Help NASA Hunt Asteroids

By Brent McKnight | Published

AsteroidHaven’t you always wanted to live out Michael Bay’s Armageddon? Well, now is your chance, sort of. NASA and the White House want your help in identifying asteroids that could potentially crash into Earth with devastating effect. This is part of the administration’s 21st Century Grand Challenges, “ambitious but achievable” goals involving science and technology, and designed to engage the public. Sometimes there are prizes.

Lori Garver, NASA’s Deputy Administrator, said, “This is really a call to action to find all asteroid threats to human populations and know what to do about them.” She also takes the time to note that humans are “smarter than the dinosaurs.” It’s nice to be reminded of that sometimes, but the point would seem to be that we can hopefully avoid being wiped out by a big flying rock slamming into our planet. I certainly hope so.

The primary goal of this Grand Challenge is to aid with the location of an appropriate space rock to use in the Asteroid Redirect Mission, or ARM (formerly titled Asteroid Retrieval Mission). This is a plan to move an asteroid into a lunar orbit so astronauts can visit the site and train for the real thing. That sounds much more exciting than Ben Affleck and Bruce Willis bounding around in a swimming pool.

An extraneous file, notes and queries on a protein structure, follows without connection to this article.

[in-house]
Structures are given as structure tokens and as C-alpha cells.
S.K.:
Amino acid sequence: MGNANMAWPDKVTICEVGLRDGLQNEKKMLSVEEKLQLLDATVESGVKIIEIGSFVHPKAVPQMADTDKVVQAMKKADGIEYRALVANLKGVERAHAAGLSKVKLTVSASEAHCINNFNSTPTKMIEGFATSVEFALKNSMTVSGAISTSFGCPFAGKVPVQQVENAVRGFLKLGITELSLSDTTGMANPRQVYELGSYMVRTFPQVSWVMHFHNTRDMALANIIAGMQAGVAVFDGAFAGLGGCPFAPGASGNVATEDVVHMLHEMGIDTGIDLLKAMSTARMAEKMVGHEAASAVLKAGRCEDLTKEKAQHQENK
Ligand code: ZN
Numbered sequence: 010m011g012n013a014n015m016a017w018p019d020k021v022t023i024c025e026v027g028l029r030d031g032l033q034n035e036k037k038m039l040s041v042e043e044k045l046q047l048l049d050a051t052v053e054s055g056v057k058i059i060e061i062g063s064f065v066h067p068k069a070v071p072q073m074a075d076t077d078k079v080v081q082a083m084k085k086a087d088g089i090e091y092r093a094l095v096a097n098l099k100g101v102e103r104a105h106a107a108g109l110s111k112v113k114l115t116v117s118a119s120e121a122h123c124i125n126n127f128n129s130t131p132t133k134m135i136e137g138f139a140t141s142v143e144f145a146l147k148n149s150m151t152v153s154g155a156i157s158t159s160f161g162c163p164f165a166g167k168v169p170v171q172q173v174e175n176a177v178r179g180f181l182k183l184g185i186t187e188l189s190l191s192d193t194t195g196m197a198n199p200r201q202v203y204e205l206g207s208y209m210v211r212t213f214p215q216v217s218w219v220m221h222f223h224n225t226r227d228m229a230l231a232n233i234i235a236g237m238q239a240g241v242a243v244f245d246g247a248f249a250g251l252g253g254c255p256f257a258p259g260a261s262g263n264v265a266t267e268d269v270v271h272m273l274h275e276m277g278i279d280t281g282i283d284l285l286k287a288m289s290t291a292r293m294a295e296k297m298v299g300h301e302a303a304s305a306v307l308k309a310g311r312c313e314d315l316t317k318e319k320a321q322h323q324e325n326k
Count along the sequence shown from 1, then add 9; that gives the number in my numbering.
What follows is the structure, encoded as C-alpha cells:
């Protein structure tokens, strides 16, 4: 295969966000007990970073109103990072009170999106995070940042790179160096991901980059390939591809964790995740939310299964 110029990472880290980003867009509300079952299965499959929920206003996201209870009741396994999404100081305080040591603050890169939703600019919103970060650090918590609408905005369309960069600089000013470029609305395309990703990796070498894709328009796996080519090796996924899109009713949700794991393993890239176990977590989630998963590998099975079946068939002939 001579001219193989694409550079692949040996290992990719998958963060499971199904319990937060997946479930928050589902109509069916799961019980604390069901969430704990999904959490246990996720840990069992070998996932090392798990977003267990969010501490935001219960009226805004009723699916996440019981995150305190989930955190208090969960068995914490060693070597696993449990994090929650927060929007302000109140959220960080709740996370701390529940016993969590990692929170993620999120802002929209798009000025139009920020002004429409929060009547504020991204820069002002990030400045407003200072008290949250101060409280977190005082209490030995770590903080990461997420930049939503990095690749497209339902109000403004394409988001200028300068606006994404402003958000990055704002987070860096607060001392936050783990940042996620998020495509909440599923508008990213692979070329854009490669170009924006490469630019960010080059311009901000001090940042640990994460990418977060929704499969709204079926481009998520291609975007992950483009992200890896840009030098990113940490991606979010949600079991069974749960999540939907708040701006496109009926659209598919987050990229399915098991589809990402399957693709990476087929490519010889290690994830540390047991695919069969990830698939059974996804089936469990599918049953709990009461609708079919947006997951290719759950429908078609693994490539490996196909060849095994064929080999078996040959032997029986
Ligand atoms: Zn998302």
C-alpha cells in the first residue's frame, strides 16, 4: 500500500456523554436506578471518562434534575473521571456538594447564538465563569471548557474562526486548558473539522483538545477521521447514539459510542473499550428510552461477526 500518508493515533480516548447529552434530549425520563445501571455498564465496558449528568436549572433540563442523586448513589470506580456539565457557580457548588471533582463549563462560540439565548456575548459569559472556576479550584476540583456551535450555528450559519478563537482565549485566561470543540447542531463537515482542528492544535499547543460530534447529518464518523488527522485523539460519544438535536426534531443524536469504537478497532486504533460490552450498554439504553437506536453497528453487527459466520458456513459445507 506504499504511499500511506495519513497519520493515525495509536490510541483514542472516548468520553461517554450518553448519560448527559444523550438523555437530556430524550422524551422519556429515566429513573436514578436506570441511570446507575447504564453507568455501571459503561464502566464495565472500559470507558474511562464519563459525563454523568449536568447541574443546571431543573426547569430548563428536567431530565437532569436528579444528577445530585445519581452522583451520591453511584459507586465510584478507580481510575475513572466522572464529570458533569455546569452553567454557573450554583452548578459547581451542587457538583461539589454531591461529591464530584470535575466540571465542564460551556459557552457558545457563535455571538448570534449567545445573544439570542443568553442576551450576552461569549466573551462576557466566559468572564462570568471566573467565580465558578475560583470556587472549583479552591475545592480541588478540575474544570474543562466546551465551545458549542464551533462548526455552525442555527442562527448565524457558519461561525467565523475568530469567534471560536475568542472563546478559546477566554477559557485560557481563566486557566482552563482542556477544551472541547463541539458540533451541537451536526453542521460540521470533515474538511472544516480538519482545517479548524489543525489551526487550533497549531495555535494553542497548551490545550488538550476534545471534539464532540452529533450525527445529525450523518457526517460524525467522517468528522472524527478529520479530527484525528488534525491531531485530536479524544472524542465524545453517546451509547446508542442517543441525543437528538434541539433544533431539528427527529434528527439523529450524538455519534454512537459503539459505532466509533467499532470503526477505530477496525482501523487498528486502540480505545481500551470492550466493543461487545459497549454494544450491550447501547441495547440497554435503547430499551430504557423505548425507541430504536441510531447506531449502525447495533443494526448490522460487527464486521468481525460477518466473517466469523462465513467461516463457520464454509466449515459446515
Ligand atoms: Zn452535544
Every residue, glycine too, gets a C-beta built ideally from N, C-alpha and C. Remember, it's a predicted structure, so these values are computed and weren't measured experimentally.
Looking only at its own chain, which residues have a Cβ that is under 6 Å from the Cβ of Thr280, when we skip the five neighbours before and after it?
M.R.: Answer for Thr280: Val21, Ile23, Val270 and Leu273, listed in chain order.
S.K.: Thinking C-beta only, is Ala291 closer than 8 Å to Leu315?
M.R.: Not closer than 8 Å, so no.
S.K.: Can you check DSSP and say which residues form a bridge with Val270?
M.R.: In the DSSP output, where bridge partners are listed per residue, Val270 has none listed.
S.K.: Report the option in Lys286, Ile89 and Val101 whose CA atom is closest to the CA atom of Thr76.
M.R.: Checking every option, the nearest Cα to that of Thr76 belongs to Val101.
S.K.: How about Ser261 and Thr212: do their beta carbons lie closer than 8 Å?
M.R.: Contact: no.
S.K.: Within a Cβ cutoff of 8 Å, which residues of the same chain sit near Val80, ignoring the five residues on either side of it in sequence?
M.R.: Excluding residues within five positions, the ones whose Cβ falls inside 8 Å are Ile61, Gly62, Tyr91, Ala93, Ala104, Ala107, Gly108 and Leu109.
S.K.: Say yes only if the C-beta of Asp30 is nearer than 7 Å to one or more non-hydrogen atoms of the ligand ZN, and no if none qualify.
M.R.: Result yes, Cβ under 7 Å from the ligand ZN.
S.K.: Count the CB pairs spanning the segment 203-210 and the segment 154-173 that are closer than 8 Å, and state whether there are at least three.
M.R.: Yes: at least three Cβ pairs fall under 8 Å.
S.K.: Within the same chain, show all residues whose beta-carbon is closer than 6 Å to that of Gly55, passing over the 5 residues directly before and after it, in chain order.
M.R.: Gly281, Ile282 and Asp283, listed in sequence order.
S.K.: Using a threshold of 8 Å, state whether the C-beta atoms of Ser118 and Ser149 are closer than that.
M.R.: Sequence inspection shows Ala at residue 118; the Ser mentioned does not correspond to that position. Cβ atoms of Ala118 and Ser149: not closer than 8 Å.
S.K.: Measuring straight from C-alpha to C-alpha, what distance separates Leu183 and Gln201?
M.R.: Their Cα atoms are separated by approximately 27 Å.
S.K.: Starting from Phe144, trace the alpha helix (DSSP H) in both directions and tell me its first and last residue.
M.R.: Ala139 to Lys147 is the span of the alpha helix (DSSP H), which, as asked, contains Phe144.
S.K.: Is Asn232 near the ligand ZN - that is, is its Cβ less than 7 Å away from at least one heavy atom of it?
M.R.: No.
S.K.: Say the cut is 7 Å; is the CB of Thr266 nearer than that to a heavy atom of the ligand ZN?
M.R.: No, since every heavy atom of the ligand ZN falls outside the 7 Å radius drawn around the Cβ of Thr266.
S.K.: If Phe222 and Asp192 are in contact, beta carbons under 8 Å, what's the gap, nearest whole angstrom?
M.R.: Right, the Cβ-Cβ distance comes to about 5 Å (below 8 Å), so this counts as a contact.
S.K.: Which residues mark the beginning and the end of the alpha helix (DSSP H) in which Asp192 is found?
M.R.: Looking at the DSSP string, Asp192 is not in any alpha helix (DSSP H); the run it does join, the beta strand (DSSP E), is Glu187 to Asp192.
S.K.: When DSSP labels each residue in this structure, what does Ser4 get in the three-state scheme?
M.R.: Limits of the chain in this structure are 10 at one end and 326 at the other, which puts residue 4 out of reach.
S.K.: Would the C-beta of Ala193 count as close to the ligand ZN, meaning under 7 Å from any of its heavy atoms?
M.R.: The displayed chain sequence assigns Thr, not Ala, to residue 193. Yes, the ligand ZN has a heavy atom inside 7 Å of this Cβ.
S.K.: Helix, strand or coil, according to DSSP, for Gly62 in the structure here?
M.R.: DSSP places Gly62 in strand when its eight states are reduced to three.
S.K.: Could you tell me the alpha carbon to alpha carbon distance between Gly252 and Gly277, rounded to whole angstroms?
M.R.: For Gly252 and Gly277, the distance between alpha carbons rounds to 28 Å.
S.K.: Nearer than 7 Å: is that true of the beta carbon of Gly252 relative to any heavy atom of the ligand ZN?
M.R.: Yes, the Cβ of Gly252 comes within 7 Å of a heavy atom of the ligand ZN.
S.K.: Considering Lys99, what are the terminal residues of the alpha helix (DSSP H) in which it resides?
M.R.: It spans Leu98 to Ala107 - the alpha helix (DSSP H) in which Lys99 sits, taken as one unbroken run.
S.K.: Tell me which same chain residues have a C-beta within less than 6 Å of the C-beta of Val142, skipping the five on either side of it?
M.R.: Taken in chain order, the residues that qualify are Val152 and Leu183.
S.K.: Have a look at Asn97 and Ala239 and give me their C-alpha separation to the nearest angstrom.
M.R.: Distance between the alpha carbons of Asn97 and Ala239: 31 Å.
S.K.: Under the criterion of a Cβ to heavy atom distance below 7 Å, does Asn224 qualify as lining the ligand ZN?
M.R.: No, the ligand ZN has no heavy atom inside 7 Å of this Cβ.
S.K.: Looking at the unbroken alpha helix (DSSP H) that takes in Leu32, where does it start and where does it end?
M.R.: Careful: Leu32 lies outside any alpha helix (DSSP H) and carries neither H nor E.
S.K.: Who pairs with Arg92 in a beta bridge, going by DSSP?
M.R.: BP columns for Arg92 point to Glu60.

A robotic spacecraft will intercept and redirect this asteroid, but first they need to find the right one. As you can imagine when it comes to capturing a massive chunk of space debris, there are some specific requirements involved. It should be a slow-moving asteroid, one that will be near Earth and the Moon around 2020. Size, shape, consistency, and other factors also come into play.

At the moment there are a handful of potential candidates, but it is unclear if they will work out or not. With the partnership between the government, private companies, and research agencies, as well as “backyard astronomers,” NASA hopes to narrow their search and track down a suitable candidate.